When they were done singing, one little boy popped up, grabbed a pointer, and went to the blackboard at the front of the room. He pointed to each letter as each of the kids in unison pronounced it in English, with a thick Masai accent. “X” became “X-sie”, I loved it. Then they counted in unison, the boy tapping the blackboard with each number. As they counted, a young woman, maybe in her twenties, entered. On her back a baby was tied. Here was the teacher. When they had finished, the children sang another song, while the teacher smiled approvingly. She didn’t speak much English, but Walter translated to her that our kids were six, eight, and twelve. I was struck that these kids were learning some of the same things that Benji is learning this year.

There was a box on the wall with the words “School Donation” printed on it. We gladly made a small donation as we left. I don’t know what happens to that money. Does someone come and get it and buy a cow instead of using it for books or pencils? I don’t know. Am I becoming a cynic? No, I remain optimistic. If only there were a way to speak to these children, to tell them I was so proud of their hard work. We merely said, “Asante sana” (thank you very much) and smiled big smiles as we left the school building. Our guide told us the older children go to a school that is about three and a half miles away.

As we walked back towards the entrance to the village, several guys tried to get Clay to give them his watch. “No, I’ve got a lot of traveling still to do,” he replied, as we walked past rows of bracelets and necklaces and woman who looked after us with pleading eyes. It was not such a hard sell, like the Samburu village, where the woman clawed at us. It is getting easier to say “no”. I don’t know if that is good or bad, but we can’t take on any more souvenirs. With all the things we’ve received along the way, we will fill two boxes with a shipment home in Nairobi. When we started this trip, one of the things we wanted to learn was how to live with less. Accumulating so much along the way was unexpected, and sometimes unwanted, and yet here they have been gifts, and they will remind us of the people and places we have loved along the way.

After this first stop we picked up some hitchhikers. Our car was full of flies, and we kept busy shooing them out the open windows. The two biggest hazards, aside from the flies, were the dust and the dung beetles. The farther we drove, the more dry it became, and whenever a car passed going the other way we closed the windows until the dust had cleared. Giant dung beetles flew alongside the car, looking like little airplanes. One of them flew through an open window, prompting a long conversation and horrifying story about these little creatures.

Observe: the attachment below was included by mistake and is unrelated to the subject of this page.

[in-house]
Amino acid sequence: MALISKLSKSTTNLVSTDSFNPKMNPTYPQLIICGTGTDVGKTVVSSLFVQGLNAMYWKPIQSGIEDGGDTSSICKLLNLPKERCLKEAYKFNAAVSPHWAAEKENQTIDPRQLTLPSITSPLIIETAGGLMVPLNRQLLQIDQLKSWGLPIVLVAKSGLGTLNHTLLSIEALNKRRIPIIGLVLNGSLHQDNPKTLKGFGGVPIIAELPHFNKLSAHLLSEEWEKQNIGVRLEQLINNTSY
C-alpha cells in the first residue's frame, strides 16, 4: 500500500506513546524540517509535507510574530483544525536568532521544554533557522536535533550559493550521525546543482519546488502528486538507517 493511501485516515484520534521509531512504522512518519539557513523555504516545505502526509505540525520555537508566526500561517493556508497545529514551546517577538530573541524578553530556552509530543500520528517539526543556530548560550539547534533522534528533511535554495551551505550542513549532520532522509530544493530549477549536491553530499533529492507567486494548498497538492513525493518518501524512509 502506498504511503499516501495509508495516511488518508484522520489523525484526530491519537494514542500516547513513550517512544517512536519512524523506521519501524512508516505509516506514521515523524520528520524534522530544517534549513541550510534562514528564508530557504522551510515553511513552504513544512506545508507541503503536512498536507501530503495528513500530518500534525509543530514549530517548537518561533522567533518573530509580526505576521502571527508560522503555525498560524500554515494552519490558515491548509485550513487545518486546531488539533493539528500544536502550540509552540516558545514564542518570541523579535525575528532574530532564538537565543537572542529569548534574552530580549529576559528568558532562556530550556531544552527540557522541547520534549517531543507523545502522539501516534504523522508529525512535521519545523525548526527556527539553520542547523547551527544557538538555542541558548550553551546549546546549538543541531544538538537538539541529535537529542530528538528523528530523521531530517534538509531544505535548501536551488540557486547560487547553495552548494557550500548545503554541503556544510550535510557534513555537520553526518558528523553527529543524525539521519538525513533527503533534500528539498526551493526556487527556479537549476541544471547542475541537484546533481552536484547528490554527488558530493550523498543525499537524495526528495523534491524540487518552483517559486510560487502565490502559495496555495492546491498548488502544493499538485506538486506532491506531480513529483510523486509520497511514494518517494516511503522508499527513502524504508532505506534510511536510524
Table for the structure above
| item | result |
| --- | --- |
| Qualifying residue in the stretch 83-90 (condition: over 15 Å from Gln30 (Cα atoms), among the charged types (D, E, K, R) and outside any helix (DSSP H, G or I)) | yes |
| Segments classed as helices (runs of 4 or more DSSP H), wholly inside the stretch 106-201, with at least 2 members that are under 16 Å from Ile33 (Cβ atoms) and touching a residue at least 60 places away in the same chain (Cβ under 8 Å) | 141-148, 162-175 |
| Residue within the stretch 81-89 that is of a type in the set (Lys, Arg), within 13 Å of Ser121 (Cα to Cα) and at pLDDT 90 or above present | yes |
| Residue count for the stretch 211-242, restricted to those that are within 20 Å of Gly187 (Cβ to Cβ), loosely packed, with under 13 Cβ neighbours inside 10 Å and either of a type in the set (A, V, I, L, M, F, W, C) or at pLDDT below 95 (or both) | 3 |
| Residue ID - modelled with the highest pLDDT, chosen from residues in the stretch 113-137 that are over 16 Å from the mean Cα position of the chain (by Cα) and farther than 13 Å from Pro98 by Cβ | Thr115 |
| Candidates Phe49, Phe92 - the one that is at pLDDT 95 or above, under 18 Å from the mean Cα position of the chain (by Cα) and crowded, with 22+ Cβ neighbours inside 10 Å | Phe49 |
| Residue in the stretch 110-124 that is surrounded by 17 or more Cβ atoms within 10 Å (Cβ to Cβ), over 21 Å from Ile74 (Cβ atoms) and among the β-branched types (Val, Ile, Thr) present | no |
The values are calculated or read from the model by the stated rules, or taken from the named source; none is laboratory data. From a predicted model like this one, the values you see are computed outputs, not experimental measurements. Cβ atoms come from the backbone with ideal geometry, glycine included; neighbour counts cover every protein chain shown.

We learned that while a dung beetle’s life is consumed with acquiring dung and rolling it into balls, they can’t actually eat it. They have no teeth. Fortunately, there are tiny insects that live on the necks of dung beetles, and these guys can eat the poop. So, they eat the dung, then poop it out in a liquid form that the dung beetle can then eat. If that didn’t make you lose your cookies, read this. Adam, our driver, told us that it is very dangerous to be hit in the eye with a dung beetle. That had happened to a man he knew, and the insects on the dung beetle climbed into the man’s eye, and onward into his brain, eventually killing him.

We all closed our windows whenever we saw a dung beetle after that. They really are pretty fascinating creatures. Walter said he once had a client who went on safari, but was only interested in dung beetles. Not the lions or cheetahs or anything else. They eventually found one, a particularly big specimen, and he said the man spent three hours taking pictures of it. Now that would have been a very interesting face in the street!

We drove and drove until we finally entered the Serengeti region. We pulled over at an entrance site, anyone wanting to travel from east to west must travel through this spot and register. As we were waiting we walked up a path to a lookout point.

Just as we reached the top of the hill, Clay noticed some elephants munching on leaves, just yards from us, and I realized there was nothing between us and these elephants but a few trees. I got really freaked out and was heading back down the hill with the kids while Clay tried to get some good pictures, when we met our guide Pascal, on his way up. He said in more than 30 years he had never seen elephants at that particular spot, and hurried up to see them. After watching them for a moment, he encouraged us to leave, “It really isn’t safe with the children,” he said as we hurried back down the path. Before leaving, we noticed some brilliant hot pink and purple lizards, about a foot long, called agama lizards. They were pretty amazing, their colors were so bright.